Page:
Depression

Updated 23 June 2014

Suicide threats not just passing phase

Suicidal tendencies in adolescents are often misinterpreted as a “passing phase” or common characteristics of adolescent development. Education about suicide can be life-saving.

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Suicidal tendencies in adolescents are often misinterpreted as a “passing phase” or common characteristics of adolescent development. Some parents dismiss suicide threats as manipulative tactics, born out of immaturity. Education about suicide can be life saving.

According to the South African Depression and Anxiety Group (SADAG) statistics suggest that only one in ten children who make suicide threats will carry them out. They warn, however, that it cannot be predicted who will, or under what circumstances these threats may actually lead to a suicide attempt.

As a child gets older, suicide attempts become increasingly serious and at the same time, more likely to succeed.

It is often difficult to recognise suicidal ideation. It is rare for children to discuss their suicidal thoughts with others. In those children who do not verbalise their self-destructive thoughts, suicidal tendencies are best recognised by marked mood and behavioural changes that may have been observed by family and friends.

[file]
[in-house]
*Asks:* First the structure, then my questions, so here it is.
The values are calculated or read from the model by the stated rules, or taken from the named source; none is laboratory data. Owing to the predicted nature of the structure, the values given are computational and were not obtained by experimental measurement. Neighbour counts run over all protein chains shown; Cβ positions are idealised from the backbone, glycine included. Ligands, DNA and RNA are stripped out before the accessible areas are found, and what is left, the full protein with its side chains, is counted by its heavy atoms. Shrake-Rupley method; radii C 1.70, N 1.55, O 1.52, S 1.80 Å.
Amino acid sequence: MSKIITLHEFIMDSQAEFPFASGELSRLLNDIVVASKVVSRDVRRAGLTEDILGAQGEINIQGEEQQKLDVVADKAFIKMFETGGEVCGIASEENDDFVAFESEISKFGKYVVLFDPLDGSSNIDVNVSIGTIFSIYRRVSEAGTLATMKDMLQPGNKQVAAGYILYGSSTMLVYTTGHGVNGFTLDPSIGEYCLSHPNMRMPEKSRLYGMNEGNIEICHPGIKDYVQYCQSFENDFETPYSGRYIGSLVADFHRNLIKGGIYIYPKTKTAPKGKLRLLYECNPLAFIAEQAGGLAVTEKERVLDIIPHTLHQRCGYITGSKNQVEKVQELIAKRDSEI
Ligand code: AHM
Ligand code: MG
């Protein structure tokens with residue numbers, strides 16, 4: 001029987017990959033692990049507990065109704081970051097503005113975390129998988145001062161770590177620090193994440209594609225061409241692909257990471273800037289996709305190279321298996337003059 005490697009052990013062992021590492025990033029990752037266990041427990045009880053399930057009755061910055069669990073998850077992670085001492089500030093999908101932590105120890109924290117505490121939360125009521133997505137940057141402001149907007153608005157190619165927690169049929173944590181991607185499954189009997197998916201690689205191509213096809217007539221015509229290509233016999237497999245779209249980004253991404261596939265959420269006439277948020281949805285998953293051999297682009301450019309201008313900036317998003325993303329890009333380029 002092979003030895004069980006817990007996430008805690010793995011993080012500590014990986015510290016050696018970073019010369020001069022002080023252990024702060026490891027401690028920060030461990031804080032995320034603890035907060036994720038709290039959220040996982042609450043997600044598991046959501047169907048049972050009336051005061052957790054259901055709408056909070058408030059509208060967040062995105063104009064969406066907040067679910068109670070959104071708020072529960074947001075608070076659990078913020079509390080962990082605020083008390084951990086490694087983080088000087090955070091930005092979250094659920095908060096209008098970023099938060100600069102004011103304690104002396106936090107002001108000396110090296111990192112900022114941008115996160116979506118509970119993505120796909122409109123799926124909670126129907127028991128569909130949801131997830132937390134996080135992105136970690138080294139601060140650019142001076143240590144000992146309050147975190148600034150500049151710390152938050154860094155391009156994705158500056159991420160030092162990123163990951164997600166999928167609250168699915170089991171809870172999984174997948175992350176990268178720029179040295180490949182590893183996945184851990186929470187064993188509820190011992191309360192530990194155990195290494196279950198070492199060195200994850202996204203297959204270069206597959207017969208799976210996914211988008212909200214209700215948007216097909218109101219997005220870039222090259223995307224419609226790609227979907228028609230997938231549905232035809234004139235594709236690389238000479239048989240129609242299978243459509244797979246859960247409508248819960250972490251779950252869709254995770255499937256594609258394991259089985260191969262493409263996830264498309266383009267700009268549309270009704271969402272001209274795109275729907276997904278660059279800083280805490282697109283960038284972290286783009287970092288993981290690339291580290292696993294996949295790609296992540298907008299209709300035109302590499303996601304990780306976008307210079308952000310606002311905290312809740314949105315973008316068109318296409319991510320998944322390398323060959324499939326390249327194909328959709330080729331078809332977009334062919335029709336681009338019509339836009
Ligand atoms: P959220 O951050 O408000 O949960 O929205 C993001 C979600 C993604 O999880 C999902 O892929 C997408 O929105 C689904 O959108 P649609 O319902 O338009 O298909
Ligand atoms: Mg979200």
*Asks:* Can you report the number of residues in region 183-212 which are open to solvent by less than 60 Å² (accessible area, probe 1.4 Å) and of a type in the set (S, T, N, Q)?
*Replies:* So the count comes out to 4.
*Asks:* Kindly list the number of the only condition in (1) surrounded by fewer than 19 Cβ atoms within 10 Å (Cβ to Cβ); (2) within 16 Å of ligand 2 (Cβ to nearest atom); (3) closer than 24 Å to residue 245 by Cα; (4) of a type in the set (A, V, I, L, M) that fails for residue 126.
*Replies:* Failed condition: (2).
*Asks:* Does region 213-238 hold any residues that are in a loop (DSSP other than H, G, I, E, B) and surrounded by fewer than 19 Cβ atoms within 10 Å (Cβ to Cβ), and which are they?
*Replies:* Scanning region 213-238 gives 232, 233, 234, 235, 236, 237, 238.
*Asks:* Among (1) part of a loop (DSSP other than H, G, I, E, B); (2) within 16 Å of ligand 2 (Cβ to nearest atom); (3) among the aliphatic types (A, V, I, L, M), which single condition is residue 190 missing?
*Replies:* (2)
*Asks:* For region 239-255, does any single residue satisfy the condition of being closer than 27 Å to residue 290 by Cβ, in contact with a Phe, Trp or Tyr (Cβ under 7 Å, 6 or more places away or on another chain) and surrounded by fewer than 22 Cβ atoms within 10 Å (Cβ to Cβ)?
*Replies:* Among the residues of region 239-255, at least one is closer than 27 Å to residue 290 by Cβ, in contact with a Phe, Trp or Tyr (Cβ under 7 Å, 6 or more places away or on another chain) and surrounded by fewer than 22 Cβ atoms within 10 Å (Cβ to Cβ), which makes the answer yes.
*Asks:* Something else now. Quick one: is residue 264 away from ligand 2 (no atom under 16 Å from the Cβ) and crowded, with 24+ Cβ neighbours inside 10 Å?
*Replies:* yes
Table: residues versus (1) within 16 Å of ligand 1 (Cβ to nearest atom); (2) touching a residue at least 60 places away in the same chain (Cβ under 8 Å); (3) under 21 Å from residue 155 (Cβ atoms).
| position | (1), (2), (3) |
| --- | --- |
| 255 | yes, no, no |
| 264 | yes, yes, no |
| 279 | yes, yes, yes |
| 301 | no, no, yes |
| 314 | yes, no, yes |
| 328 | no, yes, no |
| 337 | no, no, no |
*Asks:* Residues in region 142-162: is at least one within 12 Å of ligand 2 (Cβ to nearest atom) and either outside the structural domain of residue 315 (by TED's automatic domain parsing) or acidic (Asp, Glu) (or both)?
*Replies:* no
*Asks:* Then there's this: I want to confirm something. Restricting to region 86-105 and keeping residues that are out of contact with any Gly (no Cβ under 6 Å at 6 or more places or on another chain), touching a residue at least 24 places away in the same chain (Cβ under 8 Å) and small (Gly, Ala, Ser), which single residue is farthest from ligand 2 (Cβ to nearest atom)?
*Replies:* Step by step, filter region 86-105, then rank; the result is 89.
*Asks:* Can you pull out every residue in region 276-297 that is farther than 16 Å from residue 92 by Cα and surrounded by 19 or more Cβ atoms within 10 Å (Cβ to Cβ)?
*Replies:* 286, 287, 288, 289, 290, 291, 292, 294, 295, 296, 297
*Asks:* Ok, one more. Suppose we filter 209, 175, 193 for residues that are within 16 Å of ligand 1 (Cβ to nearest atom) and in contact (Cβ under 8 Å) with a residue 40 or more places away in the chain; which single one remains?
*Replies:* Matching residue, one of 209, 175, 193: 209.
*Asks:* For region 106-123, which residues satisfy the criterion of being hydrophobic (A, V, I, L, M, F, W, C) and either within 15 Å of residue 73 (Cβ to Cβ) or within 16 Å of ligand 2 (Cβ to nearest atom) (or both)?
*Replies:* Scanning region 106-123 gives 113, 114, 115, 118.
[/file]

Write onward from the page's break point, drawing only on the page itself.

According to the SADAG, behavioural changes to look out for in troubled teens include:

  • declining school performance
  • extreme behaviour and mood change (persistent depression)
  • loss of previous interests
  • risk-taking behaviour
  • drug or alcohol use
  • social withdrawal
  • a break in a key relationship
 

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Depression expert

Michael Simpson has been a senior psychiatric academic, researcher, and Professor in several countries, having worked at London University in the UK; McMaster University in Canada; Temple University in Philadelphia, USA.; and the University of Natal in South Africa.

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